I am taking part in a Cognitive Behavioral Therapy group for Anxiety. The idea it to desensitize you to your anxiety by revising them. The first step is to write down scenarios of what I think could happen based on my most anxiety-provoking thoughts, as if they are happening to me right now. I have struggled with this trying to decide what to write about and have come up with another way of looking at this. So this is a draft of what I think I will share with my group.
I am afraid that I will be alone. That my husband will get sick and die. That family relationships will falter as a result of this loss. That I will end up in the mental ward of a hospital because I tried to commit suicide.
Oh yea, right. That happened.
The idea of writing down the anxiety and worst-case scenarios, then revisiting them over and over again is to desensitize you to them. And perhaps the CBT for Anxiety would have been beneficial if I hadn’t been living all the outcomes of anxiety-provoking situations, and pushing myself into some these situations, or having to face them because there is no other choice.
Here are some examples. I hate driving long distances and in busy traffic. Over the past year plus I’ve been driving long distance to Michigan to visit my Dad and the traffic there is harrowing, but I haven’t had an accident (yet anyway) and if I do I’ll have to face that. That doesn’t stop me from driving there or to Toronto either.
My dad almost died in the hospital so drove there in the winter – I hate winter driving – and had to live through the whole hospital situation again. (My husband got sick March 11th 2013 and died June 18, 2013 and you don’t want to hear the whole story or it will make you cry. Trust me because it’s made many people cry.) But here I am taking care of someone in the hospital again. I’ve been exposed to hospital settings over and over again since my husband died. I’ve felt PTSD, re-living the past in these hospital situations, but continued this immersion because I had to, and I actually am desensitized to it.
I hated public speaking. I joined Toastmasters. And sometimes it’s uncomfortable but I’ve done speeches and survived. I’ve been on panels professionally and done hour-long presentations in front of groups. I’ve been teaching classes since 2002. Sometimes one person in the class doesn’t like something I’ve done and I’ve learned to accept that. On a larger anxiety-ridden scale, my teaching contract wasn’t renewed because the head of the department took a personal disliking to me. I felt ashamed but I had to go on. I prefer everyone to like me, but in reality not everyone will. That can be a really tough pill to swallow in job-related situation. But I’m alive.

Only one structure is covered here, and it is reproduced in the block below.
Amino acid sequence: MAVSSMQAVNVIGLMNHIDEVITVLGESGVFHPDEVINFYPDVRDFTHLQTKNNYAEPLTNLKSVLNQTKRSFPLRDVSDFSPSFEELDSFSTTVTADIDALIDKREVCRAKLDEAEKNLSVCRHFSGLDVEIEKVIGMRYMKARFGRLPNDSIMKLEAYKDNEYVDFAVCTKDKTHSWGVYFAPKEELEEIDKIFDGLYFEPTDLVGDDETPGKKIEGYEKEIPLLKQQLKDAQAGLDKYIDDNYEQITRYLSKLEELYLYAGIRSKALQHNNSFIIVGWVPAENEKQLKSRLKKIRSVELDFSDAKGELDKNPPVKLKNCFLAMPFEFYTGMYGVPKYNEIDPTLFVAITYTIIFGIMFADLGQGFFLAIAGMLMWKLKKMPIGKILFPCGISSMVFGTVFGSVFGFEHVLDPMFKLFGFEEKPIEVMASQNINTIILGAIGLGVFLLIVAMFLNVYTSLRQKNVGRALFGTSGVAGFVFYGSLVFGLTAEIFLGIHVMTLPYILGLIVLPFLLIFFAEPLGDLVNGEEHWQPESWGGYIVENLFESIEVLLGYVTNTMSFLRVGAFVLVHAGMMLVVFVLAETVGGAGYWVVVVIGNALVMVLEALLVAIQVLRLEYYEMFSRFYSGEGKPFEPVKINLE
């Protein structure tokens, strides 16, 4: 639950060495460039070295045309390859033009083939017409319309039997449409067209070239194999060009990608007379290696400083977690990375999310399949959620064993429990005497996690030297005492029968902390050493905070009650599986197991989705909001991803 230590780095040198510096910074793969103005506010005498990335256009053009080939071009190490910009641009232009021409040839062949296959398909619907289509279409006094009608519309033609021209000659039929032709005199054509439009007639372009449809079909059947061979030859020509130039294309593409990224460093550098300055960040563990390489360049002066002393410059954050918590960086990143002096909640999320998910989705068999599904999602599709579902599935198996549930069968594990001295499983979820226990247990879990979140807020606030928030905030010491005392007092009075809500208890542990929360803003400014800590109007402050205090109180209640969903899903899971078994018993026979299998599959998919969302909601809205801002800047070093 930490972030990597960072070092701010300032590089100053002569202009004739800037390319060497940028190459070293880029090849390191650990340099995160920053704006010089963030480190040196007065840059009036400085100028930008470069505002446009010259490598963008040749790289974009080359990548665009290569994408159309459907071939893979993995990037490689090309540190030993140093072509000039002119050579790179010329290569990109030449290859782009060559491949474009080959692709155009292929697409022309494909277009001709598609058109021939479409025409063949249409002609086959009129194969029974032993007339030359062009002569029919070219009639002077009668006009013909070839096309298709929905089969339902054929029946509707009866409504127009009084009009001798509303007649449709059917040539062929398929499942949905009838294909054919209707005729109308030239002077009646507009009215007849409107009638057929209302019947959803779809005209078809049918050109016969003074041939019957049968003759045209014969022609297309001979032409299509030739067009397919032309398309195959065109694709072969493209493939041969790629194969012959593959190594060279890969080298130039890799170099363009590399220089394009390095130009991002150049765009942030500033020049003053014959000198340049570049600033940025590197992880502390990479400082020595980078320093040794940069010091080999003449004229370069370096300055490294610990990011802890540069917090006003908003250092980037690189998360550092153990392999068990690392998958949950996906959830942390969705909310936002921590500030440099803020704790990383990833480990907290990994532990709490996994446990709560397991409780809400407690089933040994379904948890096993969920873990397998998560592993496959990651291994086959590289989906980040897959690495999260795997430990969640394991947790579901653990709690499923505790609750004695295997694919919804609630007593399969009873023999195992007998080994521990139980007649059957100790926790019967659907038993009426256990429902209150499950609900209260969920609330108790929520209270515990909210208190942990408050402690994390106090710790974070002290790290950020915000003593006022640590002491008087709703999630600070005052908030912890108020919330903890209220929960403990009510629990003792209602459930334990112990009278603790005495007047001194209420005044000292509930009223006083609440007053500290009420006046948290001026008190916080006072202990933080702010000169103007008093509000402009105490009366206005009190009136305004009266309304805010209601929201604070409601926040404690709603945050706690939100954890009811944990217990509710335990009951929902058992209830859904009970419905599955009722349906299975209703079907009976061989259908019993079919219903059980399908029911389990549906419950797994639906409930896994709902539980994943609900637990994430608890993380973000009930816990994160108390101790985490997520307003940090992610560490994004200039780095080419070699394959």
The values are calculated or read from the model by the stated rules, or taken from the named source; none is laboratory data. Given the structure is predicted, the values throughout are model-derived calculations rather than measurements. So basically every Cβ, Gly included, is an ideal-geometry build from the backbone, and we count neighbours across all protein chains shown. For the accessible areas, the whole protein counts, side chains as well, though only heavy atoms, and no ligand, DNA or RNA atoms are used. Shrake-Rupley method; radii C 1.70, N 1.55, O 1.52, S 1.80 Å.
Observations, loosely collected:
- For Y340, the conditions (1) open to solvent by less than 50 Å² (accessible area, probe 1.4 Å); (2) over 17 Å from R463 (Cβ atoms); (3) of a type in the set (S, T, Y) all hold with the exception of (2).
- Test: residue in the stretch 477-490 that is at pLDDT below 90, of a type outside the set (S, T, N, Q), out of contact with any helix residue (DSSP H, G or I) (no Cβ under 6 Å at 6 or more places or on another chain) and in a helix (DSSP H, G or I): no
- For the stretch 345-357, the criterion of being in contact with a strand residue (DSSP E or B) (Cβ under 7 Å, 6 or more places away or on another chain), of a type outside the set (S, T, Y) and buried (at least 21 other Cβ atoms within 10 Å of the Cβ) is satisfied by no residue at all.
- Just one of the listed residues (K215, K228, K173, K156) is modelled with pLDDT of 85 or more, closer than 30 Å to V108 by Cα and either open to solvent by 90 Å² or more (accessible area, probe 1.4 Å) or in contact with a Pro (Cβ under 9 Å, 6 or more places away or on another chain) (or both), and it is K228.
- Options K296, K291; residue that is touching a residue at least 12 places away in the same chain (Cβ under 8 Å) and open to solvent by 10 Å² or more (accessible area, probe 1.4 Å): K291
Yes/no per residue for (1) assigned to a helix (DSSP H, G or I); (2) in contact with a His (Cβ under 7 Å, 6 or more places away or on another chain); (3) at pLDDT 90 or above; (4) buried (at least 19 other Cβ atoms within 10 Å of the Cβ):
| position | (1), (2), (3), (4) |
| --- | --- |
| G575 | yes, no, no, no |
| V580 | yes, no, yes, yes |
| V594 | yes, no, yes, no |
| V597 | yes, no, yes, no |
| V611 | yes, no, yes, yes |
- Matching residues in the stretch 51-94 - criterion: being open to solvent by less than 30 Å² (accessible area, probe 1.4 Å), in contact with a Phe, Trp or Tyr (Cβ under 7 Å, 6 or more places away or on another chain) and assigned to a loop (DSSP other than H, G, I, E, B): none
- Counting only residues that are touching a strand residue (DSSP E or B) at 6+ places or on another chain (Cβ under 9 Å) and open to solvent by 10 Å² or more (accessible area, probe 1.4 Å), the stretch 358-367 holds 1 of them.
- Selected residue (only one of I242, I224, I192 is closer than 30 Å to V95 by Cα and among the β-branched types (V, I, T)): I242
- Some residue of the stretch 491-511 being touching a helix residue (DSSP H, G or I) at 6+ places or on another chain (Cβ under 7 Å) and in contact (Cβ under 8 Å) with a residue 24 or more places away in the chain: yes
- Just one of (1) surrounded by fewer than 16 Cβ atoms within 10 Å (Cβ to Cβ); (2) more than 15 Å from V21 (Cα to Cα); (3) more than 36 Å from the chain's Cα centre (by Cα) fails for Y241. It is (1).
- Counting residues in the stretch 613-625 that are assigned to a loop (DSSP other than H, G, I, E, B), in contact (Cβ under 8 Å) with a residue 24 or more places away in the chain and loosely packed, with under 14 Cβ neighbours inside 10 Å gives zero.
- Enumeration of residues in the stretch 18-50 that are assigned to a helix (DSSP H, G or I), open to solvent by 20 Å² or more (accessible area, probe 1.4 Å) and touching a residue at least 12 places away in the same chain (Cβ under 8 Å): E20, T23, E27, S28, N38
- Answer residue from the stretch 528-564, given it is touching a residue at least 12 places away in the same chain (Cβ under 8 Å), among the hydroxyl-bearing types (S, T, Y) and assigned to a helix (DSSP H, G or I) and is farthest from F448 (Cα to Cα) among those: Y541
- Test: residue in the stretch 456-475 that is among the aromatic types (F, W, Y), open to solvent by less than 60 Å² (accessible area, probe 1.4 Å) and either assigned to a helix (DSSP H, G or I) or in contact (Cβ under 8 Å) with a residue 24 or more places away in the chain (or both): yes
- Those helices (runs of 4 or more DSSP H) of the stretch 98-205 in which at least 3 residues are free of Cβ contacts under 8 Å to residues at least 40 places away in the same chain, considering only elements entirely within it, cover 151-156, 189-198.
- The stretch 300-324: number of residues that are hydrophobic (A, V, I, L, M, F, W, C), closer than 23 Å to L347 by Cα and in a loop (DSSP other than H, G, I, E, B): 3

I don’t like to make a fool of myself (or feel like I am) but I’m taking risks that could lead to that; learning guitar from an instructor who won’t let me give up, taking Zumba classes at age 60 in a room full of mostly younger people. I ran an interview teleseminar this week and it was scary, but I survived and will be doing these bi-monthly for a while.
I am a professional writer but became afraid of negative outcomes and began sabotaging the work I was getting, thus creating the negative outcomes myself. But I learned that not working is worse. It inflates my low self-esteem, an issue I’ve dealt with most of my life. So this isn’t the outcome I want and I will be working to get work again. It’s scary, but I’m living this one, not just writing it out.
I write about my husband’s illness, death, my journey after, revealing myself completely. Guess what? It turns out people what to help. In fact they’re actually drawn to your story, even more so when it’s a sad, devastating story about someone you know personally, or have gotten to know through social media. As a result I have new friends who are there for me when I need them.
I really don’t like being alone. I never envisioned this life for myself, but now I’m living it. Do I want to write out the worst-case scenario? Not really, because I don’t believe I’ll be alone for the rest of my life. I’m not sure why, but I just don’t. But first I have to live with living alone and being lonely and I face that every day. Weekends are the worst for me, but I come through alive every Monday.
As for what “could happen,” I don’t lose sleep over whether I’ll get a horrible disease, could be in a car accident, or may be accosted in a dark alley. I live safely, but don’t close myself up and hide in the house.
After two years of devastating grief and slowly climbing up from a dark pit, I’m realizing that the laws of attraction have benefits. I believe that positivity draws people and positive situations to you. Negativity repels possible relationships and good things that can happen. Who wants to be around someone who is always negative? We avoid them, right?
So, truthfully, I think I have cleared things that created anxiety for me, but may have even gone beyond that because I have faced my most anxiety-provoking issues head on.
In reality, I’m grasping at straws trying to write down negative things that aren’t really causing me anxiety. I know that the real secret is to Live In The Moment. That’s the lesson here. We some control over the future, but not over unforeseen events. We can’t keep creating ‘what if’ situations because chances are even when they happen you have no idea what the outcome will be.